Olympus E-PL5 - Review and User Experience - Part 3 - On Location


Following on from the results of my Voigtlander 20mm on my OM-D, today I took out the same lens + Voigtländer 90mm f/3.5 APO-Lanthar SL-II and used them with my Olympus E-PL5. Location was Cleeve Hill in the Cotswolds, and despite the cold wind there was plenty of warm golden light from the low sun. 







As with the OM-D, nice crisp results from two top class lenses. I was also happy with the E-PL5, though after using the NEX-6, the smaller controls were difficult with cold fingers and I really did miss the focus peaking. Hopefully Olympus will add this via firmware, though I'm not that optimistic. 

I'm going to be doing a NEX-6 - E-PL5 comparison in terms of how they work for me in the next day or two (possibly tomorrow) but it pretty much comes down to - I like the NEX-6 handling but prefer the E-PL5 quality of image. One day maybe it will all come together in one camera that we will all buy and everybody else will go bankrupt! However I doubt that day will be coming anytime soon. 

I do like the Pen look, however I like how they work in the field somewhat less. I don't particularly see them as winter cameras for example. As referred to above, cold fingers and small controls don't go together and while I never got to the stage of regretting my decision to use the Olympus, I did keep thinking that the magnification method for focusing manual lenses really needs to be improved. 

Since Olympus don't make manual focus lenses and don't make any profit whatsoever when somebody buys one, this may be a low priority for them. But it is, together with a built-in viewfinder, the thing that most forum dwellers and site commenters seem to want, Including myself. I was only thinking yesterday, using my OM-D, that focus peaking would turn a good camera into a very good one. Its not only us "adapter fiddlers" who want to see this, those who endeavour to use these cameras for video would also see it as an advantage, including using it to accurately manually focus AF lenses.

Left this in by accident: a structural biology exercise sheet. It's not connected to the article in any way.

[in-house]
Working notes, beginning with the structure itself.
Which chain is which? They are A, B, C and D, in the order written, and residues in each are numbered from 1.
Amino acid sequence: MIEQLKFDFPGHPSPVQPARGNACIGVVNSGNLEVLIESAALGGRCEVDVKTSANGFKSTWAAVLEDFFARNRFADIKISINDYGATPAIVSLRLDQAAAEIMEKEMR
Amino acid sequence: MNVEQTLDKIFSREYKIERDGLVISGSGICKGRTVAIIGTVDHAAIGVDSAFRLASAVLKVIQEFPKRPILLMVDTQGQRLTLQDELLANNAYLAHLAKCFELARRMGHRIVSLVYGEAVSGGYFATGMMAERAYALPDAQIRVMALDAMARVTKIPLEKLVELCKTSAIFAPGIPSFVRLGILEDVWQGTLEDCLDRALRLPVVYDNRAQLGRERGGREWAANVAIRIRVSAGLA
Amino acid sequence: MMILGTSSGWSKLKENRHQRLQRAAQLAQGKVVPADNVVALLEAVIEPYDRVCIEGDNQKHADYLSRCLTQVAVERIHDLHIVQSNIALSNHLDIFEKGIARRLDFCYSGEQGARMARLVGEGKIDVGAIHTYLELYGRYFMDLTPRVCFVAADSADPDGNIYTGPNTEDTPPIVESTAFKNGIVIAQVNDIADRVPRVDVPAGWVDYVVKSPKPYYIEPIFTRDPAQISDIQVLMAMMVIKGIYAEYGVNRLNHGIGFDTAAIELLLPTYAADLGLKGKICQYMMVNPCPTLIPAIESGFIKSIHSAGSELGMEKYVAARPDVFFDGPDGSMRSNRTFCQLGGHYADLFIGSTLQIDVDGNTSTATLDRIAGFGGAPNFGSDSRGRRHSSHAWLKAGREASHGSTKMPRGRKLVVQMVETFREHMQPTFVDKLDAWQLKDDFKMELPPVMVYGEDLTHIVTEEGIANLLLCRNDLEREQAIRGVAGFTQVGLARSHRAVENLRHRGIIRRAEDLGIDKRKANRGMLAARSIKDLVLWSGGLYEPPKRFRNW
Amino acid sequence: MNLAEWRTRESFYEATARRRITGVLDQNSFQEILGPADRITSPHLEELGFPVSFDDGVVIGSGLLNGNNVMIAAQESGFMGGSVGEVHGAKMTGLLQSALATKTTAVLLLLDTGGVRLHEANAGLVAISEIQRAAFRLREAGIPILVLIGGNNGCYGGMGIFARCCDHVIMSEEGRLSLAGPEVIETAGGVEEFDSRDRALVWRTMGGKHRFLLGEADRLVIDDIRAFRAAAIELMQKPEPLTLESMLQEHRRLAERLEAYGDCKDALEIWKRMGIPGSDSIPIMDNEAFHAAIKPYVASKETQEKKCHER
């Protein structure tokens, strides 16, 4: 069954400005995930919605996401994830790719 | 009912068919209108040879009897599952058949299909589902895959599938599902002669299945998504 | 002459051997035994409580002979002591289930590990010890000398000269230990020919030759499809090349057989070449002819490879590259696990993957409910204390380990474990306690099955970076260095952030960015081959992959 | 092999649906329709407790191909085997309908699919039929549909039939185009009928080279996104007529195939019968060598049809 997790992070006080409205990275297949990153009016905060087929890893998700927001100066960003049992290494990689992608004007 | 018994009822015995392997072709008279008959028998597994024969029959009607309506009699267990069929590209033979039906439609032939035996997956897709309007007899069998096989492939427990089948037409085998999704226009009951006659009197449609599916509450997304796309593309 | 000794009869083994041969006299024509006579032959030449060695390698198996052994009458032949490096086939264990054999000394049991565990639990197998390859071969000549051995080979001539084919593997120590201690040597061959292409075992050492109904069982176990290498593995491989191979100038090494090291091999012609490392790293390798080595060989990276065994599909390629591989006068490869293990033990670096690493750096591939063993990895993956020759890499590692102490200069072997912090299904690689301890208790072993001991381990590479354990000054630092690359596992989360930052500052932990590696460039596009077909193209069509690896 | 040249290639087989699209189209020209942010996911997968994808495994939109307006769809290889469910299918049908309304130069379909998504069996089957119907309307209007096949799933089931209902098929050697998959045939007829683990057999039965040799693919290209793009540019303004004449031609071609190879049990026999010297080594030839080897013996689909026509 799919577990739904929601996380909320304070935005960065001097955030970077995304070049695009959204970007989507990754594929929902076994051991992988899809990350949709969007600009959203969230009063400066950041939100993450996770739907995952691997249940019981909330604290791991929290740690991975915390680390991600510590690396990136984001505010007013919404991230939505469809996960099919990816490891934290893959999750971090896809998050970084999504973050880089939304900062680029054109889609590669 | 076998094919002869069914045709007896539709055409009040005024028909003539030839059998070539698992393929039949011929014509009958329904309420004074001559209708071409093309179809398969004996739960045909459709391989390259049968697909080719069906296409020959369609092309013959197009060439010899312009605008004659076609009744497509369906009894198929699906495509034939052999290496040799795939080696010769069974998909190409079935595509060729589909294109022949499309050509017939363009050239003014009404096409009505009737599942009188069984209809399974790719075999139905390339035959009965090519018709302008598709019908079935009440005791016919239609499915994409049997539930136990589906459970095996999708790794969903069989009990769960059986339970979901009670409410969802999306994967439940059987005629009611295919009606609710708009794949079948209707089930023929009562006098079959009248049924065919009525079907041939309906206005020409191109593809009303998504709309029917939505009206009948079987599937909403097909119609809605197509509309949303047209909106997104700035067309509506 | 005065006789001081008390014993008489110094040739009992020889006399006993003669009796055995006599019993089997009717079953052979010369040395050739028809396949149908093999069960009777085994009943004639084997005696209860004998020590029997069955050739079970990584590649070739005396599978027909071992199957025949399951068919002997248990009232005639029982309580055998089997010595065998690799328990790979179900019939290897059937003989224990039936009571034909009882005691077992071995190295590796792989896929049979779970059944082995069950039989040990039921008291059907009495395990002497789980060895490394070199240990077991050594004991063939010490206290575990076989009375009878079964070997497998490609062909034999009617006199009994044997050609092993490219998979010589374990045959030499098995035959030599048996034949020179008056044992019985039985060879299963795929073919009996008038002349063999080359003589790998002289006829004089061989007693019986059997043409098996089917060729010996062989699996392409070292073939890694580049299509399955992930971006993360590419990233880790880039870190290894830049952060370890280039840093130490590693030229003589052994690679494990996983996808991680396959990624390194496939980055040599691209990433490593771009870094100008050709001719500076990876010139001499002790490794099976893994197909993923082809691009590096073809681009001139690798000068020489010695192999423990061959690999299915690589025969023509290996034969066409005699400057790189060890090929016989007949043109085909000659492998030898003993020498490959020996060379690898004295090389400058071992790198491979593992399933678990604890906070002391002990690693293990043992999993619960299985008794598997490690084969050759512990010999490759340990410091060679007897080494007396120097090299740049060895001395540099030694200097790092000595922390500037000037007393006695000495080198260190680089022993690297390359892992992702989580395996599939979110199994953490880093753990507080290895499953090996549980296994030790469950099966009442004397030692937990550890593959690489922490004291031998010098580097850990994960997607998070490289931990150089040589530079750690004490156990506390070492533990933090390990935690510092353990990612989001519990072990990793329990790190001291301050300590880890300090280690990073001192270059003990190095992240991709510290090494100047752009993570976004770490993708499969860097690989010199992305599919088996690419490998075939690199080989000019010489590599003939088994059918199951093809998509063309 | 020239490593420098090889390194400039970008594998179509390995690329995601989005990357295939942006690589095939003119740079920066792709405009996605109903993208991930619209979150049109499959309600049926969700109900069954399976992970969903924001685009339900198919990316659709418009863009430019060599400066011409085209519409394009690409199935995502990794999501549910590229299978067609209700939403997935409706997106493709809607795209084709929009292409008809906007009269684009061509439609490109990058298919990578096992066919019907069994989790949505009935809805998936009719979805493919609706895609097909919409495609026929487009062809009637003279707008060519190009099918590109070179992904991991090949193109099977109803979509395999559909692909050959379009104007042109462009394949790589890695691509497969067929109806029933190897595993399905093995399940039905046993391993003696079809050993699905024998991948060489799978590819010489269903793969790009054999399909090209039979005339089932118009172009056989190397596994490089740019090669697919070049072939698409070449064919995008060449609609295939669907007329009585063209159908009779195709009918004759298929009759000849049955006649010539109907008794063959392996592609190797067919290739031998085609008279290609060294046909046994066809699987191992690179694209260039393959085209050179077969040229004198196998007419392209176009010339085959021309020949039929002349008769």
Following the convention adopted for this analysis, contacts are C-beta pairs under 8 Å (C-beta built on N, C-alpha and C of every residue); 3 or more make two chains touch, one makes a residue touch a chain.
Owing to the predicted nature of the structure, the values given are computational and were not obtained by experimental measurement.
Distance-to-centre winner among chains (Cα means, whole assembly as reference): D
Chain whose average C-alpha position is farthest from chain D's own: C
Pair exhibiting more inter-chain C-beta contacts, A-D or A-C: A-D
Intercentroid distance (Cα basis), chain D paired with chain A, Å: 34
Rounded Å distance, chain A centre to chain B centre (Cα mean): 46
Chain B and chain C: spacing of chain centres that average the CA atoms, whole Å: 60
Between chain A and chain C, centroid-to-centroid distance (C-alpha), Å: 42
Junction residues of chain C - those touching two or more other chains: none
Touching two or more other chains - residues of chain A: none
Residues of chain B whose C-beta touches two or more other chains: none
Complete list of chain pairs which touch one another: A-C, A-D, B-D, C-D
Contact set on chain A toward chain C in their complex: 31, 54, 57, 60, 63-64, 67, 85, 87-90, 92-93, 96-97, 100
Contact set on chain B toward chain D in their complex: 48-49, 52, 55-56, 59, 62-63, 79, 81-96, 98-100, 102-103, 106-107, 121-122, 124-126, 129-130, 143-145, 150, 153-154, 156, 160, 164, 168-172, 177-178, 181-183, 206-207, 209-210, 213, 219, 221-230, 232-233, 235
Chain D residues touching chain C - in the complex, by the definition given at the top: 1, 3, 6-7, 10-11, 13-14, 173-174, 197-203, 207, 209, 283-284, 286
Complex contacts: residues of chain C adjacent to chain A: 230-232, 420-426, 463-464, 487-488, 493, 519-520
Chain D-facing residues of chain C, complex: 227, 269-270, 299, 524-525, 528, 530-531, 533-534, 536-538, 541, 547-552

The magnification system in the Olympus m4/3 cameras was OK when it first appeared, as something is better than nothing, but Sony have really made using MF lenses more accurate and easier and actually a real pleasure. Leica are putting it into the M camera and while I know that is a camera that works exclusively with MF lenses, I don't see how it would harm Olympus to add it. There is a sort-of version on the OM-D already with one of the art filters, so how difficult can this be?

However, leaving that aside, I was pleased with my E-PL5 results, which were pretty impressive in terms of sharpness and overall look. Plus some moderate hill climbing was made easier by the small size and low weight. 

N.B. to see more on the cameras and lenses featured in this post click on the relevant labels (tags and keywords) below.

All original material on this blog is © Soundimageplus

For comment and discussion - join me over at Google+